Web Application Security – the Role of Users

For IT professionals, security is an integral part of the job. We must keep up-to-date with the latest techniques being used to target sites, and try to stay a step ahead of the hackers. Most developers foster a healthy paranoia about the range of ways that systems could be exploited, and keep it constantly in mind when designing an application, writing the code, and then deploying and updating.

However, there are also steps that users can and should take to prevent their data being compromised. These three important practices will go a long way to ensuring that your data is secure.

1 – Use strong passwords

Brute force attacks are common, such as this recent attack on WordPress sites. This is where a malicious computer program makes multiple attempts to guess a user’s password. If your password is in the dictionary, related to the name of your website, or too short, there’s a good chance that a brute force attack will crack it. Actually, any password can be guessed given enough time, which is why you should also change your password every few months. Creating a strong random password of 10 or more characters and using a mixture of upper and lower case, numbers, and special characters will protect from most attacks.

You should also be aware of other ways in which your password can be vulnerable. For example, using the same password across multiple sites, leaving a written copy lying around, or connecting over unencrypted Wi-Fi (e.g. in an internet cafe).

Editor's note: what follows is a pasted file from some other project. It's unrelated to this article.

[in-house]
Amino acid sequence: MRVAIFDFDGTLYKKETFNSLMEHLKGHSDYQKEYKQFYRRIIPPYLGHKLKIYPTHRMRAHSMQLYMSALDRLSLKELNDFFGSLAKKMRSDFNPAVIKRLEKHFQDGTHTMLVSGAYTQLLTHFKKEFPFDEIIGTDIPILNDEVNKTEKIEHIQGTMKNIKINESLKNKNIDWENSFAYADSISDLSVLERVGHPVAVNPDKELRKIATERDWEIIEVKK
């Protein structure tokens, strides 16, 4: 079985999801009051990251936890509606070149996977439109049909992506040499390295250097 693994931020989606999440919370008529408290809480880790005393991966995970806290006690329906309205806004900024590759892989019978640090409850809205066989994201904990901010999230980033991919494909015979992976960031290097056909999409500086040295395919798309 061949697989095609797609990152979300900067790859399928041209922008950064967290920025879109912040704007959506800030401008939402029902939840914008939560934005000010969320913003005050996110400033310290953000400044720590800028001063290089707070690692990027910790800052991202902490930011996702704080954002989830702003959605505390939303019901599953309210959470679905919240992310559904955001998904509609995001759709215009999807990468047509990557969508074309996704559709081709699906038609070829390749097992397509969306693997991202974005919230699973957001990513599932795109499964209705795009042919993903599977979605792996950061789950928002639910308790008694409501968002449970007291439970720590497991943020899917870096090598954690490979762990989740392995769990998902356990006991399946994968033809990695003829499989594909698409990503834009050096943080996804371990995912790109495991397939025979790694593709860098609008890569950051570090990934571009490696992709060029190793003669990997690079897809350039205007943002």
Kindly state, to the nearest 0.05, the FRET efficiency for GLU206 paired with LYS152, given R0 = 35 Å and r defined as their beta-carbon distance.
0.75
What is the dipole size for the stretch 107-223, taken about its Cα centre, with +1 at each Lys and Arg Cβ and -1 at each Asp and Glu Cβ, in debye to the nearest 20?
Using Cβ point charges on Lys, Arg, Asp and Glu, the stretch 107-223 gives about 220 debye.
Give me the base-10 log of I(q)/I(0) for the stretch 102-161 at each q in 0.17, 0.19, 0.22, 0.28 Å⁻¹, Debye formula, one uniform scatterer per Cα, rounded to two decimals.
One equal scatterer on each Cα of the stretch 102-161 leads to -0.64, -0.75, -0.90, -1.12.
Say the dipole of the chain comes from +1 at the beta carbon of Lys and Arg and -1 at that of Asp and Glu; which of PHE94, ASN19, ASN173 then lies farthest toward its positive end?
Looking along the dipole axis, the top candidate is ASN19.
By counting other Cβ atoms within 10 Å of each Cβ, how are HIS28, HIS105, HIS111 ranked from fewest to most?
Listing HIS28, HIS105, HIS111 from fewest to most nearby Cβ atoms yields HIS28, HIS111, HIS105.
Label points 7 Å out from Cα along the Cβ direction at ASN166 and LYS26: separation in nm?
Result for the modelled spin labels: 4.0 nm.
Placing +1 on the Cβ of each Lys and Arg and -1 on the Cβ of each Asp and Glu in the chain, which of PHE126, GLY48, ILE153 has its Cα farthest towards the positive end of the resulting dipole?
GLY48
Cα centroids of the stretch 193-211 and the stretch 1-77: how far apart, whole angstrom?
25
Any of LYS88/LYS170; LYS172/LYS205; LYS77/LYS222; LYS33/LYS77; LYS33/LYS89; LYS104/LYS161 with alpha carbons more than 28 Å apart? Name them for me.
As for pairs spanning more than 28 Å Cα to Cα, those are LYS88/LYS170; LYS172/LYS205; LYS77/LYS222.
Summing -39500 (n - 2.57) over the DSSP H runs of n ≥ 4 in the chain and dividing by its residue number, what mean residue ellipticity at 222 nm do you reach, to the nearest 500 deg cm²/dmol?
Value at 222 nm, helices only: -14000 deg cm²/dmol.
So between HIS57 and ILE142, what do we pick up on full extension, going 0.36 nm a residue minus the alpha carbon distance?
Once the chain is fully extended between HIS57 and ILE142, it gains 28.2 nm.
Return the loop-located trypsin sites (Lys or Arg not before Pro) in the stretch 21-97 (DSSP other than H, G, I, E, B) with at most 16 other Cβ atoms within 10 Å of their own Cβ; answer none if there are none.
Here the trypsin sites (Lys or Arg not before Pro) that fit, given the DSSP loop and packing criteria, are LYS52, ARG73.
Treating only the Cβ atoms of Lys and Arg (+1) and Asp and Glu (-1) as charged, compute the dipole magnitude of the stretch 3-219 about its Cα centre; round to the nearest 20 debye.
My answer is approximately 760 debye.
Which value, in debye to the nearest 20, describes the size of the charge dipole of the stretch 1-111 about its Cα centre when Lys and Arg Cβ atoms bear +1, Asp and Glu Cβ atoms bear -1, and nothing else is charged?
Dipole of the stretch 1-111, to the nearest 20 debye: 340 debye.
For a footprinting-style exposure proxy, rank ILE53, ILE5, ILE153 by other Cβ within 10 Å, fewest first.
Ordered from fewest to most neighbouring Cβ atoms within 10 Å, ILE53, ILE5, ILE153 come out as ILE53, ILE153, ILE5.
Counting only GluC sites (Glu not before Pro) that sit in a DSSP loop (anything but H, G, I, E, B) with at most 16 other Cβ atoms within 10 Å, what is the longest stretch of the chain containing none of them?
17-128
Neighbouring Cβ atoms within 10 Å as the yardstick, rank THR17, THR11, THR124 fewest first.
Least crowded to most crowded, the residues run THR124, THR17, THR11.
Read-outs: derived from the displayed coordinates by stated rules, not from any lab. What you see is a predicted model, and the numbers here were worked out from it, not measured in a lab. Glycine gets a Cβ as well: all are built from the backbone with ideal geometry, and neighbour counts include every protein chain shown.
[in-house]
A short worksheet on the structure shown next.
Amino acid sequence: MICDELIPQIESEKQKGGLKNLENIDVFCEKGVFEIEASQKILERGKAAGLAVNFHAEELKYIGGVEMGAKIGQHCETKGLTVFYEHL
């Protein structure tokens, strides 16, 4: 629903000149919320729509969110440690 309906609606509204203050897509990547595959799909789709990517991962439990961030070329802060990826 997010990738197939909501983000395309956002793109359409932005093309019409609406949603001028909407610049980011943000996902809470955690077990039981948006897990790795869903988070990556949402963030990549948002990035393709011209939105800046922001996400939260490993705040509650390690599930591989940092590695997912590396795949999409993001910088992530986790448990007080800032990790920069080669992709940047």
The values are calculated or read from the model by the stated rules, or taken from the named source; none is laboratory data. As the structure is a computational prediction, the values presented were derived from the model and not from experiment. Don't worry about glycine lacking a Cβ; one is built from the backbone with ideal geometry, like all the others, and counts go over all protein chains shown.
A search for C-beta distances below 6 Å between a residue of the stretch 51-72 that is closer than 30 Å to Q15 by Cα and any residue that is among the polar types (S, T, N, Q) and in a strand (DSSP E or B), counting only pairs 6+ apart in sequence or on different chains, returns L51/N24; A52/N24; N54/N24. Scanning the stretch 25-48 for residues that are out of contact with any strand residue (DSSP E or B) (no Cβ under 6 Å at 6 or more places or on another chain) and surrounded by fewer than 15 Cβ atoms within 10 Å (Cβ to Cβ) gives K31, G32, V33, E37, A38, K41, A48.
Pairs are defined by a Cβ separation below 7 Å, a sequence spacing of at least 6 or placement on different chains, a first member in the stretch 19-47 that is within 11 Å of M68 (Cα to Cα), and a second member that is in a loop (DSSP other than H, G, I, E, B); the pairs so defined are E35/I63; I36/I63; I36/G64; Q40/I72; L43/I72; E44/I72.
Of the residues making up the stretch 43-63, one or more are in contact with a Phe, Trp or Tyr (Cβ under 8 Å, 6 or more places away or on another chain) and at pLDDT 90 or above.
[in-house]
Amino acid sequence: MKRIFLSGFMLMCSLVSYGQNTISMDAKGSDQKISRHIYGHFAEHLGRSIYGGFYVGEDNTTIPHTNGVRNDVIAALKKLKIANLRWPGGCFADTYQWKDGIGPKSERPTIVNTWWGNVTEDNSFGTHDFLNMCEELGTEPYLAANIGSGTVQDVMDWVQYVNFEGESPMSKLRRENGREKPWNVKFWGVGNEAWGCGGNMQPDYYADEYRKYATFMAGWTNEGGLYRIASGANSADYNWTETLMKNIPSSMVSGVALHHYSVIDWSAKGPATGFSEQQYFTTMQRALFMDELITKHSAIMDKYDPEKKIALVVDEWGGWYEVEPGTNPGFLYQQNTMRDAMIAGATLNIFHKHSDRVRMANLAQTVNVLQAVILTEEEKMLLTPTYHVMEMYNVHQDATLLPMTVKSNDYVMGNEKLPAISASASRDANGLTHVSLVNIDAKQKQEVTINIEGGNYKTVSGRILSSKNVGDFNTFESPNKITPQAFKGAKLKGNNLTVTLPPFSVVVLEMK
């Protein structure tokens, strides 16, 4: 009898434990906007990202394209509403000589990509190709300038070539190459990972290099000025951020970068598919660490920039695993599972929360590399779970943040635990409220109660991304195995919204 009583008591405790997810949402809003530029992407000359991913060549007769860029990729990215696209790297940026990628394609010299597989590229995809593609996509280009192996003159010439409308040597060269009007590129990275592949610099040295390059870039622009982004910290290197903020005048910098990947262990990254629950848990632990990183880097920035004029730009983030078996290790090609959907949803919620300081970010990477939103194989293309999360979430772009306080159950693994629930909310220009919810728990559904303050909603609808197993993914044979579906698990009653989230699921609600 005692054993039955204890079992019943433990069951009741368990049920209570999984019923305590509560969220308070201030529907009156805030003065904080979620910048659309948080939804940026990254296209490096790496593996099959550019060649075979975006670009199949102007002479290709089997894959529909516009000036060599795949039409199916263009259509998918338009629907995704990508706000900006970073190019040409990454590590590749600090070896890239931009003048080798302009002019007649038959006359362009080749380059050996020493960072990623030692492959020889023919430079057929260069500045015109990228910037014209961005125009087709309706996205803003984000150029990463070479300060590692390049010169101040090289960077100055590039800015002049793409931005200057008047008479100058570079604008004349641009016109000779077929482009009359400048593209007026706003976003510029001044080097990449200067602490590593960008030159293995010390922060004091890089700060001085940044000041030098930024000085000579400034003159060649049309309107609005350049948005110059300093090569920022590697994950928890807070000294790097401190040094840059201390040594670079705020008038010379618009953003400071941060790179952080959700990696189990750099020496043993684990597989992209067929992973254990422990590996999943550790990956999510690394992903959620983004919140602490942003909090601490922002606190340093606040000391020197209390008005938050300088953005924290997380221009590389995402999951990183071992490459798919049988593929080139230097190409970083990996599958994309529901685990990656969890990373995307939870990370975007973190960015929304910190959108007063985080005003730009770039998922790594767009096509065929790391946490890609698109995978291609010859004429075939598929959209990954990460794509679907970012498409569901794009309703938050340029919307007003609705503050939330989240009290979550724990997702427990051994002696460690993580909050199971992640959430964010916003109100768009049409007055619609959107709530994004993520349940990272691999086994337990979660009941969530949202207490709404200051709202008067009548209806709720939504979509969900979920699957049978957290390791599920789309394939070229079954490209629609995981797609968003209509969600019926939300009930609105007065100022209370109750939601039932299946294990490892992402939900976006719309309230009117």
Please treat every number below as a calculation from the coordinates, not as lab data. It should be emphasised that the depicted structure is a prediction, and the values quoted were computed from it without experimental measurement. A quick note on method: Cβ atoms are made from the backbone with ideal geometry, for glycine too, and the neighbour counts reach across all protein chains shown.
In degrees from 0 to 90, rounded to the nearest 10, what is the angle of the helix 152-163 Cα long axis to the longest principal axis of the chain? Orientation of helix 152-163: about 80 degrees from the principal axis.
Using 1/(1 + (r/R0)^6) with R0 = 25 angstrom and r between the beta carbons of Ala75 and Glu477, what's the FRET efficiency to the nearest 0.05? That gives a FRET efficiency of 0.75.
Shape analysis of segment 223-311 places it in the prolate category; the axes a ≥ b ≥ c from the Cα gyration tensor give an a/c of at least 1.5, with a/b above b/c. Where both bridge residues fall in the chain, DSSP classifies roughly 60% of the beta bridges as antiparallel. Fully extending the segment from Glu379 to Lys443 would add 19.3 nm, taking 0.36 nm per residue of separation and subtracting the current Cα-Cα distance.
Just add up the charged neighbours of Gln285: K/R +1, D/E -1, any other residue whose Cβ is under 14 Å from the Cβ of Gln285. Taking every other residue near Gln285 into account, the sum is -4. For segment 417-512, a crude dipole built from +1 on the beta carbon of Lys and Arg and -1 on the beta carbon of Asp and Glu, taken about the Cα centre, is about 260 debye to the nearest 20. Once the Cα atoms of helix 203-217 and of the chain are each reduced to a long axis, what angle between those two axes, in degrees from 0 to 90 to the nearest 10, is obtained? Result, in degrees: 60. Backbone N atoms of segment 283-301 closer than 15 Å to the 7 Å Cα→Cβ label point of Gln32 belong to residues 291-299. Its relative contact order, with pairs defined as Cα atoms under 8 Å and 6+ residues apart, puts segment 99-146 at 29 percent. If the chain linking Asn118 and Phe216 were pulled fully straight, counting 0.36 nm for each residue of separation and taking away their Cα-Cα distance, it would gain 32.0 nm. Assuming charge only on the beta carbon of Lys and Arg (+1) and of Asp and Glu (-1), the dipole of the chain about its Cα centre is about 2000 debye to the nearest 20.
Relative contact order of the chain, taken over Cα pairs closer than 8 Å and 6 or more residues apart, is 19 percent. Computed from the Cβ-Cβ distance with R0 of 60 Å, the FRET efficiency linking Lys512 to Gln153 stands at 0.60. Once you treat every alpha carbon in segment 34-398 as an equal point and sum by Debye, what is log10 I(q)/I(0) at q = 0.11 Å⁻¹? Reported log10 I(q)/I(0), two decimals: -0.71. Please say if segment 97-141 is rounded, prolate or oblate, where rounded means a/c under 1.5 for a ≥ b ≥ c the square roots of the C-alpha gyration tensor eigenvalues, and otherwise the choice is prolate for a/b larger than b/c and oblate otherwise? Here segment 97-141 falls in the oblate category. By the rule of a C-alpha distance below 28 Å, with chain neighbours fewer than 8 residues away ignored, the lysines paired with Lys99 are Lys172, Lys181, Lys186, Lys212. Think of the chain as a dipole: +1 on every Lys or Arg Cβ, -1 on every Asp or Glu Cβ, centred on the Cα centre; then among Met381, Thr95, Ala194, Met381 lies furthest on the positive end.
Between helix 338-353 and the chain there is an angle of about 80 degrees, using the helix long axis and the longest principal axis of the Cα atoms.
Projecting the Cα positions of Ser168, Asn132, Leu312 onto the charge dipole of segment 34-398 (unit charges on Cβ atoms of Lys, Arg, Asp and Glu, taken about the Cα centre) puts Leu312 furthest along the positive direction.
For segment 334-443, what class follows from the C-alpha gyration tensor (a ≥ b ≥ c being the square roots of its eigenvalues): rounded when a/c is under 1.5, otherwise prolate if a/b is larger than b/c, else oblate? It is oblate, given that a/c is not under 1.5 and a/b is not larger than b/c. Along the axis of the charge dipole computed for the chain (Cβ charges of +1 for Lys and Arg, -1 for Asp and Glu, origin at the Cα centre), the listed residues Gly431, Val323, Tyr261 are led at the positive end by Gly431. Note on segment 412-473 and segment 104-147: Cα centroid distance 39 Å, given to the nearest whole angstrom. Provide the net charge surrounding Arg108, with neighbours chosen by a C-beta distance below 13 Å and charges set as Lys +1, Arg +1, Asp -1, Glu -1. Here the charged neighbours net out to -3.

2 – Keep your browser up-to-date

Part of the job of IT professionals is to ensure that third-party software and plug-ins are kept up-to-date. This is because, as new exploits are discovered, the software vendors will update their products to protect against them. Therefore using older versions leaves users at risk of being hacked through known vulnerabilities.

As a user, you should also ensure that you keep your browser at the latest version. Older browser versions are often insecure, and some have been abandoned by vendors. Keeping your browser current not only means added protection from hackers, but also that you have all the latest bug fixes and features, and that web pages will display as intended by the web designers.

It’s also good practice to keep your operating system updated with the latest fixes.

3 – Be aware of social engineering techniques

Social Engineering techniques involve attempting to trick people in order to gain access to buildings, systems, or data. The most well-known example is phishing which is an attempt to gain information such as usernames, passwords, or credit card details, normally through emails or impersonating a website. However, scammers use a wide range of con tricks, and it’s important to stay informed and alert.


Having something hacked can be a stressful experience. As well as potential economic costs, there are reputational costs. Whether it is sensitive data being leaked, your site being downgraded by search engines, or your Facebook account being used to send embarrassing messages, the consequences of lapses in security can suddenly become very real when the worst happens. In the case of a hacked website, it can be virtually impossible to fix, since hackers can install sophisticated software to retain control of the server behind the scenes.

There’s no such thing as 100% security, but by bearing in mind some of the most likely exploits, you can at least mitigate the risk.